GOVERNMENT & POLITICS
Mark your political calendar, the next year will be busy
Elections come fast and furious in Oregon. It’s less than a year until the 2018 election, when Oregon will choose a governor. But the political marathon has months to go until that final day. Voters will see a lot of electoral activity in the meantime.
The Man Who Knows More Than Anybody Else About Oregon’s Tax System is Retiring
State Sen. Mark Hass (D-Beaverton), the chairman of the Senate Finance and Revenue Committee, has worked closely with Warner for years. “Paul Warner is one of the most treasured people in state government,” Hass says. “Gracious, kind and a talented. Everyone appreciated his evenhanded approach to working through difficult problems. His kind, helpful demeanor is remarkably the same, whether he’s talking to the governor, a legislator, an intern or a reporter. Oregon’s government will not be the same without him. There are plenty of talented economists—but they will not fill his boots.”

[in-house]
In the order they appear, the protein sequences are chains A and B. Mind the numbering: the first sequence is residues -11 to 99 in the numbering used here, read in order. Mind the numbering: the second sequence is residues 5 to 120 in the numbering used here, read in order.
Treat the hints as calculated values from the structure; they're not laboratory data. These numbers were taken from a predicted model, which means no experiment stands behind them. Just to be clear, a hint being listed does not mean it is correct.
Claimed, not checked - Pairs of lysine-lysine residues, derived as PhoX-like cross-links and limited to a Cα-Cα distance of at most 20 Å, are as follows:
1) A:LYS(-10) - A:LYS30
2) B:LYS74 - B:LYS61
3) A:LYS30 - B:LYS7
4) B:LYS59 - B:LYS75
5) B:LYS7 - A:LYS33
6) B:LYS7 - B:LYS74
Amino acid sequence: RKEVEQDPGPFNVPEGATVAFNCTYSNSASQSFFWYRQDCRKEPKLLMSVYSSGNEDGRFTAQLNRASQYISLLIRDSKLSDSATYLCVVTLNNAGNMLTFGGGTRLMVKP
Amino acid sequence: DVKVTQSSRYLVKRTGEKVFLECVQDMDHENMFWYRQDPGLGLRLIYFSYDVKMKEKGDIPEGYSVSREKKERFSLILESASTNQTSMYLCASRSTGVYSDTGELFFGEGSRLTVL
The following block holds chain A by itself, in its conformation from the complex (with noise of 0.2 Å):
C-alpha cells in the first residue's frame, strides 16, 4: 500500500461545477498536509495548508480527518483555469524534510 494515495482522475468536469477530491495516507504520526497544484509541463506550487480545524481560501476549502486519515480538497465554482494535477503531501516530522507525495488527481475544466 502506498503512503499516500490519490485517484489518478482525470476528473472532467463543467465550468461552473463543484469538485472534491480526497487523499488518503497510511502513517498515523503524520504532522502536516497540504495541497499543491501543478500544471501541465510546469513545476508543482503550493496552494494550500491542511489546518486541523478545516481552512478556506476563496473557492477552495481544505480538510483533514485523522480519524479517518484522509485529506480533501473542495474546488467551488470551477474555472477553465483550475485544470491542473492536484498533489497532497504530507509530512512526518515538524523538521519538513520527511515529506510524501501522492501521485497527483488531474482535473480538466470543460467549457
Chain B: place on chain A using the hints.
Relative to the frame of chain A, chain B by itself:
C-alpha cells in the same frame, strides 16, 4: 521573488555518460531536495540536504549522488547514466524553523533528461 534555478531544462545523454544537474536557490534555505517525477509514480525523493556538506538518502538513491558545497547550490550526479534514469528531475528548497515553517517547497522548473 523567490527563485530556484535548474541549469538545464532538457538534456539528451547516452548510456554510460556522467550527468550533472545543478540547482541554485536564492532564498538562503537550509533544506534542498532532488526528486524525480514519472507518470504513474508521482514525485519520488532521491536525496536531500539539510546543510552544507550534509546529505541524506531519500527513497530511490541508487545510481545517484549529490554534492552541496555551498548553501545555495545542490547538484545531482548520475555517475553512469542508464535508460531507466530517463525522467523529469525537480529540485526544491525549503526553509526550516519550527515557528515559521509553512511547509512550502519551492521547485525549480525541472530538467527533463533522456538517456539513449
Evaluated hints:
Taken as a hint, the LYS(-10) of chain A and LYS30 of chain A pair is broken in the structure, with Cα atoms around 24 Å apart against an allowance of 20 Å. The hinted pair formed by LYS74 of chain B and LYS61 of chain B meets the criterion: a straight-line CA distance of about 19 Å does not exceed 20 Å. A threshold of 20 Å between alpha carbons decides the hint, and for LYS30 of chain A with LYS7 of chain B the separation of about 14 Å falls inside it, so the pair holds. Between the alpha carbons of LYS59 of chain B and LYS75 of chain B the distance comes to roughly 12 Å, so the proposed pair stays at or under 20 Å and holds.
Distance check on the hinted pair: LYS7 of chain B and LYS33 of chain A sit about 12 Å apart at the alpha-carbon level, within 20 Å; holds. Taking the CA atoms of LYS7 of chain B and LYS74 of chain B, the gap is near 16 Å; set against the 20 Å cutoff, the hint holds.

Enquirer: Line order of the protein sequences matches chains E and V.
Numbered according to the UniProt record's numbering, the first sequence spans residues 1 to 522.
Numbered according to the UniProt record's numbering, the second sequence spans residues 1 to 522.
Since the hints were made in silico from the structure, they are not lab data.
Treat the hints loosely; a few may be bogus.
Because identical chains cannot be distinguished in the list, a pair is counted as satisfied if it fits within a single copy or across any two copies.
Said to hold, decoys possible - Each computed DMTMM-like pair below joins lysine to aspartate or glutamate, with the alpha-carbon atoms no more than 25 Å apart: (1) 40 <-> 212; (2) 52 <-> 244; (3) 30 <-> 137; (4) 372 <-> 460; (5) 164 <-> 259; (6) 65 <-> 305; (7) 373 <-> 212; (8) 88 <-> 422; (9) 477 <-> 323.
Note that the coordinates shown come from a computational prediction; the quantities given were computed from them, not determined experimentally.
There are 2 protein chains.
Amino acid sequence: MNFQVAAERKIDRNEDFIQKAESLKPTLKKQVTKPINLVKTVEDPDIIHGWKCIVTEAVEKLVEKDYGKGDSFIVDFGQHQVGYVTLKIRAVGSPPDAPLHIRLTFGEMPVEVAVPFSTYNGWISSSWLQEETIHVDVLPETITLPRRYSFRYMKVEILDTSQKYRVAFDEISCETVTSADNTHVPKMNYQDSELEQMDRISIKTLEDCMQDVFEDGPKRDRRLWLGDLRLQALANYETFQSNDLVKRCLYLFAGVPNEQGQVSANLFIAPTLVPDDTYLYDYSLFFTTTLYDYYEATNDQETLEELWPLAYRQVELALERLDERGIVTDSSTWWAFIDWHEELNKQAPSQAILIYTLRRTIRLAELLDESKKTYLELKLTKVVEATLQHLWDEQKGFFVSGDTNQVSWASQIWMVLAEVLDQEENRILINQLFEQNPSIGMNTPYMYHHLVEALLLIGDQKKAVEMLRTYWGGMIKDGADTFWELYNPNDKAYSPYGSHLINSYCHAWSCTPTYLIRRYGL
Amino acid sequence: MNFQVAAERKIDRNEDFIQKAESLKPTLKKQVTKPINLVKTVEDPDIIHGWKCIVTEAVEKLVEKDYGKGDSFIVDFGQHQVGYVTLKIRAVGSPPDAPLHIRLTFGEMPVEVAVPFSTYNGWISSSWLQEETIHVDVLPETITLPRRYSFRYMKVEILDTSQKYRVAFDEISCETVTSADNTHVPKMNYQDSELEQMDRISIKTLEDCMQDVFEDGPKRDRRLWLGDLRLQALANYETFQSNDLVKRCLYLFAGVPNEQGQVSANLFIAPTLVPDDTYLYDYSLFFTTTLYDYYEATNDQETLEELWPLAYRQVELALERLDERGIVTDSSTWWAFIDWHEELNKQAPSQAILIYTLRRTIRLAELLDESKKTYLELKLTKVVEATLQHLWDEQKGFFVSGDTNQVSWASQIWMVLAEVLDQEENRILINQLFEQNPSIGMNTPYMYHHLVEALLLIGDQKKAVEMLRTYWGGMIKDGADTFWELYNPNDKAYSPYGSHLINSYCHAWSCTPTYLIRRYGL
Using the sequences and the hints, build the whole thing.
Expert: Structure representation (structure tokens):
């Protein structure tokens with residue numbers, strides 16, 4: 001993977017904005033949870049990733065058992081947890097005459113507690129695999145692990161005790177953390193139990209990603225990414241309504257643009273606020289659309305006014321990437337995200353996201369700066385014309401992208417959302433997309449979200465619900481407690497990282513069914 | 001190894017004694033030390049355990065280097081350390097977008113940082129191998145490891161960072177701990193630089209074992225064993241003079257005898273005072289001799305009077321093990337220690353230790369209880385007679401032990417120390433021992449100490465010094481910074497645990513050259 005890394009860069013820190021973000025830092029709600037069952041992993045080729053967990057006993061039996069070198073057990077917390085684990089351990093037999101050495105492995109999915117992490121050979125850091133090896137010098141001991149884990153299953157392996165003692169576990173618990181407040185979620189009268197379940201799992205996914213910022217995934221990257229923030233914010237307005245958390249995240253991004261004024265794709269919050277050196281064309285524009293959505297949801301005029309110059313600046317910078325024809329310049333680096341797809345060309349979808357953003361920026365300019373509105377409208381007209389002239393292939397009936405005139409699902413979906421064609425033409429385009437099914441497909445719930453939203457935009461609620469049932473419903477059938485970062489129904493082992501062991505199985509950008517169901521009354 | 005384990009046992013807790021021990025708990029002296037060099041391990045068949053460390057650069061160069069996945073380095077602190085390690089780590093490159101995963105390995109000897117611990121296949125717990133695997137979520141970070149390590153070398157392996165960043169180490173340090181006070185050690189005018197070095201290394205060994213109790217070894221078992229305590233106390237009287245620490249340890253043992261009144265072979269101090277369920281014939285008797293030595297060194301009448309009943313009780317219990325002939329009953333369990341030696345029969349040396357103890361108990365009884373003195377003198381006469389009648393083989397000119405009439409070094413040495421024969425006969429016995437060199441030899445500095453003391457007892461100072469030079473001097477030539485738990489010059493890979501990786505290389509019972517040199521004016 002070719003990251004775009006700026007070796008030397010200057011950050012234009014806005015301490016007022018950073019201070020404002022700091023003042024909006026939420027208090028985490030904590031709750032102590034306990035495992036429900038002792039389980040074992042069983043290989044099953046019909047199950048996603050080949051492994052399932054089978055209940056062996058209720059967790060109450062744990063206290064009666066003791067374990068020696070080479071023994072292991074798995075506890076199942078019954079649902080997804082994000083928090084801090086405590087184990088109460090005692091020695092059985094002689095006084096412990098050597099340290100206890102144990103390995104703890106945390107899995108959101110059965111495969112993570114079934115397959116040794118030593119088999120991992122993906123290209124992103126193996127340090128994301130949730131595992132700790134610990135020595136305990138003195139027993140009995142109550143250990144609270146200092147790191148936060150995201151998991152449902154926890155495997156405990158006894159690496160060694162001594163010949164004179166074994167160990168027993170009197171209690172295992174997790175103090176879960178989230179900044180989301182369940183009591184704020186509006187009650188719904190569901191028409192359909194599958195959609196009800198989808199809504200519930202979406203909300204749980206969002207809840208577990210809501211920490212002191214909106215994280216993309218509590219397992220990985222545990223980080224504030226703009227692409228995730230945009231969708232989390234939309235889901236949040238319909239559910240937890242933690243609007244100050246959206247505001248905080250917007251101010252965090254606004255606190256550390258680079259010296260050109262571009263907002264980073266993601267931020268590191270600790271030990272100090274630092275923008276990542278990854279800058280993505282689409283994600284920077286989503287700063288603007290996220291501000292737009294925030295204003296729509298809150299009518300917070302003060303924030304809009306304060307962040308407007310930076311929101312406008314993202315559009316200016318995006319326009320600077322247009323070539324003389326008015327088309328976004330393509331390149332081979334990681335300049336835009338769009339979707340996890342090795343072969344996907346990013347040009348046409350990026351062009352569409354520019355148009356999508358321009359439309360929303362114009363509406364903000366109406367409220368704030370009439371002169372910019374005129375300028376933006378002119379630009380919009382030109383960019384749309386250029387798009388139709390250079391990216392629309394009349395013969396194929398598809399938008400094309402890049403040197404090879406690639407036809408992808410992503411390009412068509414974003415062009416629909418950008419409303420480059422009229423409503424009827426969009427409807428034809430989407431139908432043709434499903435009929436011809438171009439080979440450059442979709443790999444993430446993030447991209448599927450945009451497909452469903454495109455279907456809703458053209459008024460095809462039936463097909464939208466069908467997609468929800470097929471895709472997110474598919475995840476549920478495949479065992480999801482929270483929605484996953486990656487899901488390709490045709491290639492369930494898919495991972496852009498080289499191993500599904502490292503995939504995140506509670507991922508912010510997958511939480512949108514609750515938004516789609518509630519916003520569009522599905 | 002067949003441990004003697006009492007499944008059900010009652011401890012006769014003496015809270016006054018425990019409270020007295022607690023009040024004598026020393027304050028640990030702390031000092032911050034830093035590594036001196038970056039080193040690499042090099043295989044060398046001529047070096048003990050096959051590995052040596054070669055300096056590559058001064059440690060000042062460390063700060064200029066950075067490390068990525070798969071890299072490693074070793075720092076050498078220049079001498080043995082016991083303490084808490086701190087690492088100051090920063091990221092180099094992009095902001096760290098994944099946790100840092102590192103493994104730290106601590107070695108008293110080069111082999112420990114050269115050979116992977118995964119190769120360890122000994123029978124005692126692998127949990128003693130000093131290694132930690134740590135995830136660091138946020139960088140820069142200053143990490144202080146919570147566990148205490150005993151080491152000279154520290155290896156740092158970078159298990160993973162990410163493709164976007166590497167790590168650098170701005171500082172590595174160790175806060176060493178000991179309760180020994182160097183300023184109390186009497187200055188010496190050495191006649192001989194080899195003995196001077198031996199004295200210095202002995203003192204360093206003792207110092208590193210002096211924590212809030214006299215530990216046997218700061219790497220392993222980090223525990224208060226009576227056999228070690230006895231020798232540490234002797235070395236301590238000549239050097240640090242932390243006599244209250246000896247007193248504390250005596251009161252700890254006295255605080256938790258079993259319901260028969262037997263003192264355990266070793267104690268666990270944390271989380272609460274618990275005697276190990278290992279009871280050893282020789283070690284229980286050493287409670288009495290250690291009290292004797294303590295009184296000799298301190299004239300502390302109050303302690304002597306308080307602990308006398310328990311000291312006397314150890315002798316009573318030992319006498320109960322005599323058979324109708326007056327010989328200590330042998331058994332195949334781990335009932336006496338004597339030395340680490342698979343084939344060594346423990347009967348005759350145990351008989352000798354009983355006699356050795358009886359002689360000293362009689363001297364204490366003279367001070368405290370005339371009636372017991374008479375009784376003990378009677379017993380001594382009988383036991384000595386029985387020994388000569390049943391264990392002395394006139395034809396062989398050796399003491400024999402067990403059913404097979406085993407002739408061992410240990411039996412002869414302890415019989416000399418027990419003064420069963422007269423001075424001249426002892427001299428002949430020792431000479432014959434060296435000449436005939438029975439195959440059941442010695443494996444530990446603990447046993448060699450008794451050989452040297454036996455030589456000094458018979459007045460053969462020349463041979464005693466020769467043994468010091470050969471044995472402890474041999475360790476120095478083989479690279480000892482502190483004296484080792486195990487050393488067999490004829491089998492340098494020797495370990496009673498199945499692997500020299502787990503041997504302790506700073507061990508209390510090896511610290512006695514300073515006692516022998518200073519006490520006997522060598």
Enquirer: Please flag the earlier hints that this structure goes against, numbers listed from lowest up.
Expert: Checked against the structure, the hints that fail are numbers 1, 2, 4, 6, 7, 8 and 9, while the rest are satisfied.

Oregon pays $750k to foster kids who were isolated in Spanish-speaking foster home
The state of Oregon has paid $750,000 to three English-speaking foster kids who were placed in the Gresham home of Spanish-speaking foster parents and forced to wear filthy clothes smelling of urine and sleep in a windowless basement.
Former NFL Quarterback Drew Bledsoe Weighs in on Oregon’s Governor’s Race